Each month, Ruralite Services’ magazine members use the high visibility of the magazine’s back page to address important utility and local issues.

Writing the column often remains in the back of a manager’s mind as he or she mulls over the right way to deliver more than cut-and-dry news.

How do utility leaders move their monthly back page column writing from to do to done?

Annie Terracciano headshotAnnie Terracciano, general manager at Northern Lights Inc. in Sagle, Idaho, takes outside resources to heart.

Every month, Annie looks through back page examples from Ruralite, Florida Currents, Currents, and KIUC Currents magazines Ruralite Services emails to utilities.

“I made a file folder system and put about 3 articles aside once a month,” she says.

Stockpiling references lets her avoid the midmonth crisis of not having a back page column topic. By receiving the back page email the first week of the month, Annie says she has plenty of time to go through the content for inspiration and still have time to submit her back page to her editor.

“There is plenty of time you can take advantage of so the pressure isn’t on when you sit down to write,” says Annie.

Another helpful resource is NRECA’s manager columns. Found in Cooperative.com’s Straight Talk section, the column archives span more than 5 years, with plenty of timeless topics (members only).

Ted Case headshotIn some cases, planning ahead is not the most effective approach. Since the most current topics can change on a monthly basis, Ted Case, Oregon Rural Electric Cooperative Association’s executive director, does not use a planning calendar.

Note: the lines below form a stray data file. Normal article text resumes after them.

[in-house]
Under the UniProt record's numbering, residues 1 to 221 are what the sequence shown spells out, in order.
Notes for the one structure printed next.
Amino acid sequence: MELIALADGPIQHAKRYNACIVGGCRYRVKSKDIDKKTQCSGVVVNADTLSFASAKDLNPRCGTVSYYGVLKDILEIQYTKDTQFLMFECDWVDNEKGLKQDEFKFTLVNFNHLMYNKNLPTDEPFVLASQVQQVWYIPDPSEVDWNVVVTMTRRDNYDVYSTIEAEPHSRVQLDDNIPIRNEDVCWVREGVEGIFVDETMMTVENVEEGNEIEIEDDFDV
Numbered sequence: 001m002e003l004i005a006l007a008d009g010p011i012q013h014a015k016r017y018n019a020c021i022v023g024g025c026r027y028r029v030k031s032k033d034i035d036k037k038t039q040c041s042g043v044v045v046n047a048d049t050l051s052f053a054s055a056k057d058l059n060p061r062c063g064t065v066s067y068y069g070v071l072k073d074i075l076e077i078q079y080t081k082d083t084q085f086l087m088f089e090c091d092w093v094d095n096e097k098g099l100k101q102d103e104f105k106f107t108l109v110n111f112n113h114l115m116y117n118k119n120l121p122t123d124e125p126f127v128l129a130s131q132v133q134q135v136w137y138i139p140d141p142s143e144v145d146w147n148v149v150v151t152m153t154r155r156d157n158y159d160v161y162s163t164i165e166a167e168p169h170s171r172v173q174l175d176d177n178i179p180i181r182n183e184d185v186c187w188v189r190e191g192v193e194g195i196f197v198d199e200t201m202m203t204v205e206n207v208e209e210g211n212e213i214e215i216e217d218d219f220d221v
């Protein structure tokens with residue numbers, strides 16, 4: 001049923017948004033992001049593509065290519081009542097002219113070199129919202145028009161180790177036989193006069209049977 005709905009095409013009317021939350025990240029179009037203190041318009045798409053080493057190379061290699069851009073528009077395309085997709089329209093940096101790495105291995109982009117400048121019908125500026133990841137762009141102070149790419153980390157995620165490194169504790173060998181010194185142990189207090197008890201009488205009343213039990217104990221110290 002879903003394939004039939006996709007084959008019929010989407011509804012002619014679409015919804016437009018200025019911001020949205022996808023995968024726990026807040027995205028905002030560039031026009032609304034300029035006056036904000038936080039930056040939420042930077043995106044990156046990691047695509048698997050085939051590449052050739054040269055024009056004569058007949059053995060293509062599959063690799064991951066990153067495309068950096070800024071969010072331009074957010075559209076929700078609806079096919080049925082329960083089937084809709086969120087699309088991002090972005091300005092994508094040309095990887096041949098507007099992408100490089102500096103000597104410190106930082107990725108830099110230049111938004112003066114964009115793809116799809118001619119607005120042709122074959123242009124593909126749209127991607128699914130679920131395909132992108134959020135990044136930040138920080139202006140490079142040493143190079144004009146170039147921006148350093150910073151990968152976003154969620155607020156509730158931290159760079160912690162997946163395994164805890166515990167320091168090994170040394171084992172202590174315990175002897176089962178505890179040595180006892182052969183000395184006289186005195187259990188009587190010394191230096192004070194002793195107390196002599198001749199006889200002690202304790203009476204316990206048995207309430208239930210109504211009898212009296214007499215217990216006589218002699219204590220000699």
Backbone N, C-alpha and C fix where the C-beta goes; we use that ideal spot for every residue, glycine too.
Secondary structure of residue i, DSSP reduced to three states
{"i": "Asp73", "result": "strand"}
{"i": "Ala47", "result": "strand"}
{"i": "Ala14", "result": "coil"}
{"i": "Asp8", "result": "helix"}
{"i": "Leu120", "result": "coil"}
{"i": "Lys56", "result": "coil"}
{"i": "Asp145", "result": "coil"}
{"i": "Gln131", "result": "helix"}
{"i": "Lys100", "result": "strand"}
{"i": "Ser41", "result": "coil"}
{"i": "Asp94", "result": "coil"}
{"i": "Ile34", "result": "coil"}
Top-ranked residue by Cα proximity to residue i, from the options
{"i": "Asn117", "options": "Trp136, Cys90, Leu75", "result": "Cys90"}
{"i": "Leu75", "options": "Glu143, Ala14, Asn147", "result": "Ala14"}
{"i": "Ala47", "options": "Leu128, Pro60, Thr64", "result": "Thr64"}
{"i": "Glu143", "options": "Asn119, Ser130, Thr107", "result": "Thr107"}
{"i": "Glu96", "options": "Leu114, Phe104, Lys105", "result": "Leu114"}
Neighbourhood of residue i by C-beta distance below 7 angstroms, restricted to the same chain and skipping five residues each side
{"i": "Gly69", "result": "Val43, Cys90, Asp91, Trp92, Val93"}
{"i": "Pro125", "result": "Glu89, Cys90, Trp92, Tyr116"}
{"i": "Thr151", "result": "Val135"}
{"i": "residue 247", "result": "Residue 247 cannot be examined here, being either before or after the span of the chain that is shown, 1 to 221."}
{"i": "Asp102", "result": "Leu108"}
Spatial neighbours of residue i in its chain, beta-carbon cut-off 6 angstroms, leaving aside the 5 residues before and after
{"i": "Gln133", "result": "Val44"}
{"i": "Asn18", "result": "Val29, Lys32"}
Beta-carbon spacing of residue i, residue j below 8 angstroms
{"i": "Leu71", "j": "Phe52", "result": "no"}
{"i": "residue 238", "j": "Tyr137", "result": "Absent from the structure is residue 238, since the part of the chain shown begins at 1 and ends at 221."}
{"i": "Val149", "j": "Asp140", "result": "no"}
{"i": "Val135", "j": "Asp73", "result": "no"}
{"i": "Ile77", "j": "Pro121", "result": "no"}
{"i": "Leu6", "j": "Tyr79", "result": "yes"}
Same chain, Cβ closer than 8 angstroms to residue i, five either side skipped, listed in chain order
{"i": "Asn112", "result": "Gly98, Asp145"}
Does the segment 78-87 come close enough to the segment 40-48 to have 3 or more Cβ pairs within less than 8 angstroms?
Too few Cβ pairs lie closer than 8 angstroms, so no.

“My job is more of a political job, and hot issues like solar are forming, no pun intended,” says Ted. “I’ve got to be flexible when it comes to my topics.”

There are ways to help back page information speak to your readers. Ted does not write a column. He tells a story.

“I rely a lot on my personal history,” says Ted. “I try to write it in a way that it is not so technical that I lose (the reader) in the opening.”

Annie uses a similar approach to connect with her members.

“My preference is to start and finish on a personal note,” she says. “I try to use the month, season or anything else all of us are experiencing.”

As for word count, Ted avoids filling the page.

“What I notice about back pages a lot is that they are dense,” says Ted. “I think, frankly, less is more. You get a big white space on the back and the tendency is to fill it with as much content as possible. I try for 3 paragraphs as opposed to 9. Some topics are complex and need long form. But be mindful that white space is sometimes not a bad thing.”

No matter how you plan your content, there are many beneficial approaches industry leaders take to craft successful back page columns.

“I only get 12 columns a year,” says Ted. “I want to make them count.”

Key Points to Remember

  • Use industry resources to generate topics
  • Stockpile quality topics
  • A personal touch resonates with readers
  • When it comes to word count, less is more!